1903 February Footnotes

[1] The ossuary, or charnel house, is located in the crypt of St Leonard’s church in Hythe, Kent.  The church claims to have ‘the largest and best preserved collection of ancient human bones and skulls in Britain’.  According to a drawing dated 1787, the bones were supposed to be those of ‘Danish pirates slain in battle, while a handwritten footnote on an 1860s illustration referred to them as ‘men who fell in the battle of Hastings’. Another theory claimed that they were Anglo-Saxons killed in battle; it has also been suggested the remains might be those of victims of the Black Death. None of these theories are supported by any other evidence and it is now thought the bones are those of Hythe residents who had been buried in the churchyard over a period of many years but were exhumed when the church was extended in the 13th century.

[2] Old Mortality is a novel by Walter Scott set in the period 1679–89 in south west Scotland.   It was the last novel written by Scott before the malady which tormented his stoicism in 1817-1820.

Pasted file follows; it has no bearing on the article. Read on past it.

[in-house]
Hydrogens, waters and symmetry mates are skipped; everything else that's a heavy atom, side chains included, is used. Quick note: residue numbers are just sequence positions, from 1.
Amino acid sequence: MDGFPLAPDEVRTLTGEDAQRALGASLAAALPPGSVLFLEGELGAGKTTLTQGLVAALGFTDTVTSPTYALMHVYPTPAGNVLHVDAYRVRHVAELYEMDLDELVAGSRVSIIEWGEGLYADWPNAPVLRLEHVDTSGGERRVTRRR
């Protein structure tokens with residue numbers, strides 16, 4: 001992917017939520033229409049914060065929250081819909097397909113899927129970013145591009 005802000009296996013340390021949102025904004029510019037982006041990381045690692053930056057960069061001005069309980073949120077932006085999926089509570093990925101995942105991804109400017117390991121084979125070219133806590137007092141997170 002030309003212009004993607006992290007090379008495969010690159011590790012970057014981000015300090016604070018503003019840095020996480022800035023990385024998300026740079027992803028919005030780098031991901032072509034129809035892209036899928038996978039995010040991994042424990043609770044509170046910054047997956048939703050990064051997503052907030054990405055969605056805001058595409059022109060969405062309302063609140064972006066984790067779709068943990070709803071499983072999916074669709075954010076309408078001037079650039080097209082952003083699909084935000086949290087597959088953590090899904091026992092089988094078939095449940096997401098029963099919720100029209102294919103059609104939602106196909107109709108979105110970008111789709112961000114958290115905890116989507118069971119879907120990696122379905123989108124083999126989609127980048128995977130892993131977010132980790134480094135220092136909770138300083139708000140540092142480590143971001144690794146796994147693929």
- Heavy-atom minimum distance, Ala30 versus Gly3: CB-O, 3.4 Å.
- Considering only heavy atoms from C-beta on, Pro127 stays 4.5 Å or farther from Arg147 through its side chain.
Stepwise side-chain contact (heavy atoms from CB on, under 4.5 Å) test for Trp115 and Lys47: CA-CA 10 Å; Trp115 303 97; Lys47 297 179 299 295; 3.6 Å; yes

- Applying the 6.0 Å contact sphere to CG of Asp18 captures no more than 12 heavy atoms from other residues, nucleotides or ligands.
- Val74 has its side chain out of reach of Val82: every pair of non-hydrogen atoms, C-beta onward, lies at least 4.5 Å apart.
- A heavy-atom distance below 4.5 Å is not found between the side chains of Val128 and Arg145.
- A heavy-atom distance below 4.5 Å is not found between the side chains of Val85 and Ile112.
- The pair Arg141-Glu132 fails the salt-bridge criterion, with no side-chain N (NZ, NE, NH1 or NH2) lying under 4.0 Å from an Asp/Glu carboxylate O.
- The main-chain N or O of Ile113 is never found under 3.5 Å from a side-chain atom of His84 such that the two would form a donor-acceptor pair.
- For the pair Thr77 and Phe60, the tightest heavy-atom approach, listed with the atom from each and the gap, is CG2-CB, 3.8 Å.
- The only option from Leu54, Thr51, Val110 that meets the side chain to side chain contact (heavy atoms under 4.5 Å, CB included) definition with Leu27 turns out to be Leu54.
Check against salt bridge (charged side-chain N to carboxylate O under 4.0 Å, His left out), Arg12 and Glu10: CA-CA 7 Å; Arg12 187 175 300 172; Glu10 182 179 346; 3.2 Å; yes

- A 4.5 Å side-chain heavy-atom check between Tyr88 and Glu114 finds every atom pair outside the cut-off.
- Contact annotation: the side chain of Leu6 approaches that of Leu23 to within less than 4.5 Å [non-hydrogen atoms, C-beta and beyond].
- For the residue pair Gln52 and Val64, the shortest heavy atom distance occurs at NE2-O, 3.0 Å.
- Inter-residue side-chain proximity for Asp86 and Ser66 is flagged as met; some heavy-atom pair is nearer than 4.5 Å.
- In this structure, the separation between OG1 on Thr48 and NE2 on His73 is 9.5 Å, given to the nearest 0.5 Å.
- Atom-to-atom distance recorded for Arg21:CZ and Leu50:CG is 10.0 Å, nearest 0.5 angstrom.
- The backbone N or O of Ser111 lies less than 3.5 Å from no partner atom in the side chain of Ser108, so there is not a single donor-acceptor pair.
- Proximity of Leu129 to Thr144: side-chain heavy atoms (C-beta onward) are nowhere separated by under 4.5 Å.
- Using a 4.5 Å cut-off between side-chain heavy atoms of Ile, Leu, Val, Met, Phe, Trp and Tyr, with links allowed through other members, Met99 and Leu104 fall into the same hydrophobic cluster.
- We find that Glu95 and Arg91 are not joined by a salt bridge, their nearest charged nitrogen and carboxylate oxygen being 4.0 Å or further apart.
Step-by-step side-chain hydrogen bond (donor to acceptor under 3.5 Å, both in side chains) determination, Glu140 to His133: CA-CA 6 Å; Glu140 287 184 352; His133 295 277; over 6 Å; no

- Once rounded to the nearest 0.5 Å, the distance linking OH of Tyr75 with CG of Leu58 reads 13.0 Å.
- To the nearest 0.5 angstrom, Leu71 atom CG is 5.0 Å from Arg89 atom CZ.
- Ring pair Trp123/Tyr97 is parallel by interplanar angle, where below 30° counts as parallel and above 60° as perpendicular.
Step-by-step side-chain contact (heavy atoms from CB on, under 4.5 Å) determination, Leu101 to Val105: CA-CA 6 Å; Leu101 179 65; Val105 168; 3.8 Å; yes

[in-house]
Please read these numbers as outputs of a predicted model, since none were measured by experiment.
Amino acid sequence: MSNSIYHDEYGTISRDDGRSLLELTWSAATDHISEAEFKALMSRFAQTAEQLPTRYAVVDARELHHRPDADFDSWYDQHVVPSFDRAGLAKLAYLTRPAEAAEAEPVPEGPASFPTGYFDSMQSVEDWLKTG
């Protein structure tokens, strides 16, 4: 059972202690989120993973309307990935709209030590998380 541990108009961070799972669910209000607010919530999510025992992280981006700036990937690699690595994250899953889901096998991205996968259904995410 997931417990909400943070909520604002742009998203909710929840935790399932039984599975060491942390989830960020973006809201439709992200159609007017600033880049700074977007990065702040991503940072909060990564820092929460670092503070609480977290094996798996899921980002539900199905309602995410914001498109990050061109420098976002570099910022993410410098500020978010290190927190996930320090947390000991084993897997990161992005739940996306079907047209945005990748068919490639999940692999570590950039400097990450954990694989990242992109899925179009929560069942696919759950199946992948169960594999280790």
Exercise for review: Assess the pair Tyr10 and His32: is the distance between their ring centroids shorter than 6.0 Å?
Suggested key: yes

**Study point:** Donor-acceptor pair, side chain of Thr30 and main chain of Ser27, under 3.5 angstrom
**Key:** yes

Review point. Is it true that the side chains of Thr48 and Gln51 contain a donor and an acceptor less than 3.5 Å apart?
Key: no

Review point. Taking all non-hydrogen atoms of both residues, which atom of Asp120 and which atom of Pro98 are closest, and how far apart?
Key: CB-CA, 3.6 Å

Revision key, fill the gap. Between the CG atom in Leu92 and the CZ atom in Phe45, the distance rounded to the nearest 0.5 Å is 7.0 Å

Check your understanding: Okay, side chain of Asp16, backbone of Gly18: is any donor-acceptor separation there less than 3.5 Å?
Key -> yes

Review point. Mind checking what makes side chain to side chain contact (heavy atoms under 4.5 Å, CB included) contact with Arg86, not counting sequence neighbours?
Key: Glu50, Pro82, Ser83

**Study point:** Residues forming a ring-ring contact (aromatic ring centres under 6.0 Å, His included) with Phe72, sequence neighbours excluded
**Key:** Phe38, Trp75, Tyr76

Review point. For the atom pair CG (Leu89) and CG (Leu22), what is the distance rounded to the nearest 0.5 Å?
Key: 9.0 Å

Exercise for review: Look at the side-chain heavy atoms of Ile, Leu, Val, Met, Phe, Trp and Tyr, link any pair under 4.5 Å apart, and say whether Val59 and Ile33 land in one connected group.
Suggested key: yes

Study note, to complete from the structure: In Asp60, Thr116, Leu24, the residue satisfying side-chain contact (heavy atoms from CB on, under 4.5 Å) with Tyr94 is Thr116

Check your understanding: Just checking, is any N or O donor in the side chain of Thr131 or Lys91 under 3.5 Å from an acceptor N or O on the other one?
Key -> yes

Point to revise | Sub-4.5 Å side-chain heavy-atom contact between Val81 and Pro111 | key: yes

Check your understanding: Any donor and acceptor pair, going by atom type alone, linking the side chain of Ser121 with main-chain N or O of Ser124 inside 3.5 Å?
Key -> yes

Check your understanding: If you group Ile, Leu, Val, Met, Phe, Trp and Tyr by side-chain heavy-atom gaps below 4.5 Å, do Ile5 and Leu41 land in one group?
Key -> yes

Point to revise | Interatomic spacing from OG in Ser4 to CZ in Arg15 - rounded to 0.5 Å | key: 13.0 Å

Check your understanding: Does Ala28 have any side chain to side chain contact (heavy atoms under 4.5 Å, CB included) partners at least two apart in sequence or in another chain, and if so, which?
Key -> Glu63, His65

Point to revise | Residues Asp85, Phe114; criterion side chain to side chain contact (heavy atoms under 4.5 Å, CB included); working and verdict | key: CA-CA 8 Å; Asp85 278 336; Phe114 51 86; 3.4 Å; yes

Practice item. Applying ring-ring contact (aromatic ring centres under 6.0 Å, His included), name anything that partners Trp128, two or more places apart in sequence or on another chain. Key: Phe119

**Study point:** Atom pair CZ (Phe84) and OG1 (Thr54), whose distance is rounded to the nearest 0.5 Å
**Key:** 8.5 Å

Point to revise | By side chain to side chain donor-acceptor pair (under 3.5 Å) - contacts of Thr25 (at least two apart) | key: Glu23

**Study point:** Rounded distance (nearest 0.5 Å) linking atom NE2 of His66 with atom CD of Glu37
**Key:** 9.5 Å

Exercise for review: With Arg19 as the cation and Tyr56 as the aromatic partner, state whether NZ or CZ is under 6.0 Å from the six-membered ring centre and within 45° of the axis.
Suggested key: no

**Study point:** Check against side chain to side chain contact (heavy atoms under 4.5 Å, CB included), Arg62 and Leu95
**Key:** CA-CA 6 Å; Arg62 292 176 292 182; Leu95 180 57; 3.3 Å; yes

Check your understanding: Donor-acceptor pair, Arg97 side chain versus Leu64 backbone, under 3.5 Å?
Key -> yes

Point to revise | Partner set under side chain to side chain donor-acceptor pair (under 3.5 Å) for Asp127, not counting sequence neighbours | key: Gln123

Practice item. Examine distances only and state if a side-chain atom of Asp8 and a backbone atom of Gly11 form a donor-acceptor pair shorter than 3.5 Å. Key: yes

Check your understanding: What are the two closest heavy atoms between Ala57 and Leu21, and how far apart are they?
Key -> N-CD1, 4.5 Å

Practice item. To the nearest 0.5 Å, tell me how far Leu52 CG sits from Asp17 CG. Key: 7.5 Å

[3] The Luck of Barry Lyndon is a picaresque novel by William Makepeace Thackeray, first published as a serial in Fraser’s Magazine in 1844, about a member of the Irish gentry trying to become a member of the English aristocracy.

[4] Marie Fillunger (1850 – 1930) was an Austrian operatic singer.

[5] John Nevil Maskelyne and George A. Cook were two of the most popular British Magicians in the late Victorian period. As a duo they created illusions through slight of hand and were popular with audiences accross London. They established their own theatre, The Egyptian Hall in Piccadilly, and performed there regularly. Their shows included comedy, illusion and conjuring and as can be seen they billed themselves as ‘Royal Illusionists and Antispiritualists’.

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